Backward compatibility is a priority for Microsoft Operating Systems.
The Server option is currently at Windows Server 2012 Release 2 (2013).
This Server runs a GUI, but now has strong scripting abilities through PowerShell.
The server can look like a desktop with the optional Desktop Experience package.

4.3 Apple OS X

This OS has undergone UNIX certification.


It is partially based on software from the FreeBSD project.

OS X is a desktop OS that is very popular with creative industries such as video production.
(This is pronounced OS-ten, not OS-Ex).

Here, applications drive the decision on hardware.


If you want to run specific software, you must choose Apple hardware.
This is the only hardware that runs this OS.

4.4 BSD

Berkeley Software Distribution (BSD) is another UNIX-like variant.


There are several open-source BSD projects:
- OpenBSD (very secure)
- FreeBSD (easiest to use)
- NetBSD (available on most computer hardware platforms)

These Operating Systems are alternatives to Linux.


Apple Inc. iOS and OS X are forks of BSD.

BSD is typically used in the server role.


They can, however, run GNOME and KDE as desktop machines.

The difference between BSD and Linux is surprisingly small.


Both are UNIX like operating systems.
Both are developed by non-commercial projects.
Approximately 80% of all BSD installations is using FreeBSD.
Other distributions include NetBSD, OpenBSD and DragonFlyBSD.

Linux is available under the GNU General Public License (GPL).


This is designed to eliminate closed source software.
Any derivative work of a product released under the GPL must also be supplied with source
code if requested.

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By contrast, the BSD license is less restrictive.
Binary-only distributions are allowed.
This is particularly attractive for embedded applications.
The BSD code can be used by vendors to make proprietary applications.

4.5 Other Commercial UNIXes

Popular commercial UNIXes include:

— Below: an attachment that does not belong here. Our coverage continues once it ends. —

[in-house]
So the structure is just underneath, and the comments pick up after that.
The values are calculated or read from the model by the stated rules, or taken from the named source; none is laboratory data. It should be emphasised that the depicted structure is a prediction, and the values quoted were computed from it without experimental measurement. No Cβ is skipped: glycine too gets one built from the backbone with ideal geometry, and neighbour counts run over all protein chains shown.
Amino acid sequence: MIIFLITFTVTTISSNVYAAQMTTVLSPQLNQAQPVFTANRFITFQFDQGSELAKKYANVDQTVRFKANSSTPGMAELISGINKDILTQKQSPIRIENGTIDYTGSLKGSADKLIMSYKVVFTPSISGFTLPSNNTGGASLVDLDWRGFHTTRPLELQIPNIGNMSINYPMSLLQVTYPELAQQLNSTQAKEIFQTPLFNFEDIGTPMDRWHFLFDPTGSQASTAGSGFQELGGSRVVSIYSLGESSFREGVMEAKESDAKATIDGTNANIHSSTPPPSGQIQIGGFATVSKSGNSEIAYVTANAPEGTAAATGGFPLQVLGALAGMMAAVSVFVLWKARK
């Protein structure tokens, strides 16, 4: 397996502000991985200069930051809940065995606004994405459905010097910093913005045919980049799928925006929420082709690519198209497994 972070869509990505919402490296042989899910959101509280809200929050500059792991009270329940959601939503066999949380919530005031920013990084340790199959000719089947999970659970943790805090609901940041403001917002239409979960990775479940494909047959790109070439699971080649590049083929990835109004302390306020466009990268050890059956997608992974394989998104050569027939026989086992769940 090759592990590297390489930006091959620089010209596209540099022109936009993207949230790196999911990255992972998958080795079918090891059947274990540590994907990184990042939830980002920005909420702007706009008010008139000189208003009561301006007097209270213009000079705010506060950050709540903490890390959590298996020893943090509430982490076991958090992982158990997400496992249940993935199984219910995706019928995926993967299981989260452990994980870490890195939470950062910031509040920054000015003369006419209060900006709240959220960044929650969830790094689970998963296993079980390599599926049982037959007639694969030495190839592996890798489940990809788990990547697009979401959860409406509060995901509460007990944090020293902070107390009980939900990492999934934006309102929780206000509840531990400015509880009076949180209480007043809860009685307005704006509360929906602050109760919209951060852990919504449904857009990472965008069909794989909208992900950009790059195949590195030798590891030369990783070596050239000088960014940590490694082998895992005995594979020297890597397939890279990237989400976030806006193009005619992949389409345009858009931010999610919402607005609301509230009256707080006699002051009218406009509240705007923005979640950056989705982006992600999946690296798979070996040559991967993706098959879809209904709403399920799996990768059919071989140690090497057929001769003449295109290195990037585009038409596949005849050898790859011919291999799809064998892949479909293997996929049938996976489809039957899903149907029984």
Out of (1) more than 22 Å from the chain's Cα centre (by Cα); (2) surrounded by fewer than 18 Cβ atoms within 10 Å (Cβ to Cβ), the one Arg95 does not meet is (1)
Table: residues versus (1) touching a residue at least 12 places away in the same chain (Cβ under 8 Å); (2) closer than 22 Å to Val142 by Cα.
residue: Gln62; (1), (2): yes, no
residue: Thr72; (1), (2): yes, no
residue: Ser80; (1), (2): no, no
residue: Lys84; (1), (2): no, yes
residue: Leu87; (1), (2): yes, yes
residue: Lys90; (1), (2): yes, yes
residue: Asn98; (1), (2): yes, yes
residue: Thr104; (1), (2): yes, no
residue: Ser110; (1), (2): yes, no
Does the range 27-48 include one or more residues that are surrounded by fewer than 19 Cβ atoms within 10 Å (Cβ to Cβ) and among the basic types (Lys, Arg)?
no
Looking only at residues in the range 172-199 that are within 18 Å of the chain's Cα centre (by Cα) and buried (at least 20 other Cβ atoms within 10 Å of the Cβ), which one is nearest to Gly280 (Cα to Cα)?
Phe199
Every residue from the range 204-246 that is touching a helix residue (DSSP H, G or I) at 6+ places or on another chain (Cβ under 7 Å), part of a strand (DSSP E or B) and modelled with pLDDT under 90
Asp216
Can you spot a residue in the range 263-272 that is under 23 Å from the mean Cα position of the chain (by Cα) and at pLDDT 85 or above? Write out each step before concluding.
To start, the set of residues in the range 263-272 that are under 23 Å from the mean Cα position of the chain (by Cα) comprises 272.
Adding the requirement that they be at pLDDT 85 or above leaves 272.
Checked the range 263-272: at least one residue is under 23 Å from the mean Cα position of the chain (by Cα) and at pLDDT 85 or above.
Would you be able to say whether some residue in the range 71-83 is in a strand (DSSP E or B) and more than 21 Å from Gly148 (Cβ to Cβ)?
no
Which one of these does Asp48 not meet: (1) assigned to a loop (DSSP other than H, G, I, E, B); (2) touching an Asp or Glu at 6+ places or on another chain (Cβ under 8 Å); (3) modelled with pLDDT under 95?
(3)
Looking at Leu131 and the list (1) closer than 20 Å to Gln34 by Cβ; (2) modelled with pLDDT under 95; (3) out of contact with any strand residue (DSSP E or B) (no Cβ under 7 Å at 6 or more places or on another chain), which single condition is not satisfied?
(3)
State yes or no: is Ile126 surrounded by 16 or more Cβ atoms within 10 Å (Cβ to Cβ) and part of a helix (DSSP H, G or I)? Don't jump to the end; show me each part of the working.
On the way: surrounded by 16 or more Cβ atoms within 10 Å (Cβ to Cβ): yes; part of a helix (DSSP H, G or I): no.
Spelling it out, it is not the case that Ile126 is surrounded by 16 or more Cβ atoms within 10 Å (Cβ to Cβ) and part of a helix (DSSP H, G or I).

- Oracle Solaris
- IBM AIX
- HP-UX

Each runs on hardware that is proprietary to the vendor.


This hardware is typically very large and powerful.
Users tend to choose this OS because theyre already locked into their hardware.

4.6 Linux

If you choose to install Linux, then you still need to choose a distribution.
A distribution packages the Linux kernel, utilities, management tools and update manager.

If you choose OS X, Windows, or OpenBSD, then thats what you get.


With Linux, you can then choose a distribution suitable for servers or desktops.
You can even choose a distribution of embedded hardware.
One version is designed to turn an old PC into a firewall.

You may wish to choose a distribution that offers paid support.


This is typical for companies running mission critical server hardware.

5 Understanding Open Source Software and Licencing


There are three entities to consider when purchasing software:
1. Ownership Who owns the IP behind the S/W?
2. Money transfer does money change hands, and if so, how?
3. Licencing What do you get? How many PCs can it run on? Can you give it away?

Generally, ownership remains with the company that owns the product.
Users are only granted the right to run the software.

Money transfer depends upon the business model.


It may be a one-off payment, a leasing arrangement, or just payment for support.

Licencing is what differentiates Open Source software from Closed Source software.

With Microsoft Windows, Microsoft owns the Intellectual Property (IP) rights.
The purchaser must accept a EULA to install the software.
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Microsoft owns and retains the source code the purchaser only gets the run-time code.
Typically, you can only install the software on a single machine.
You are not allowed to reverse engineer the software.
You are given minor updates, but you have to pay for major upgrades.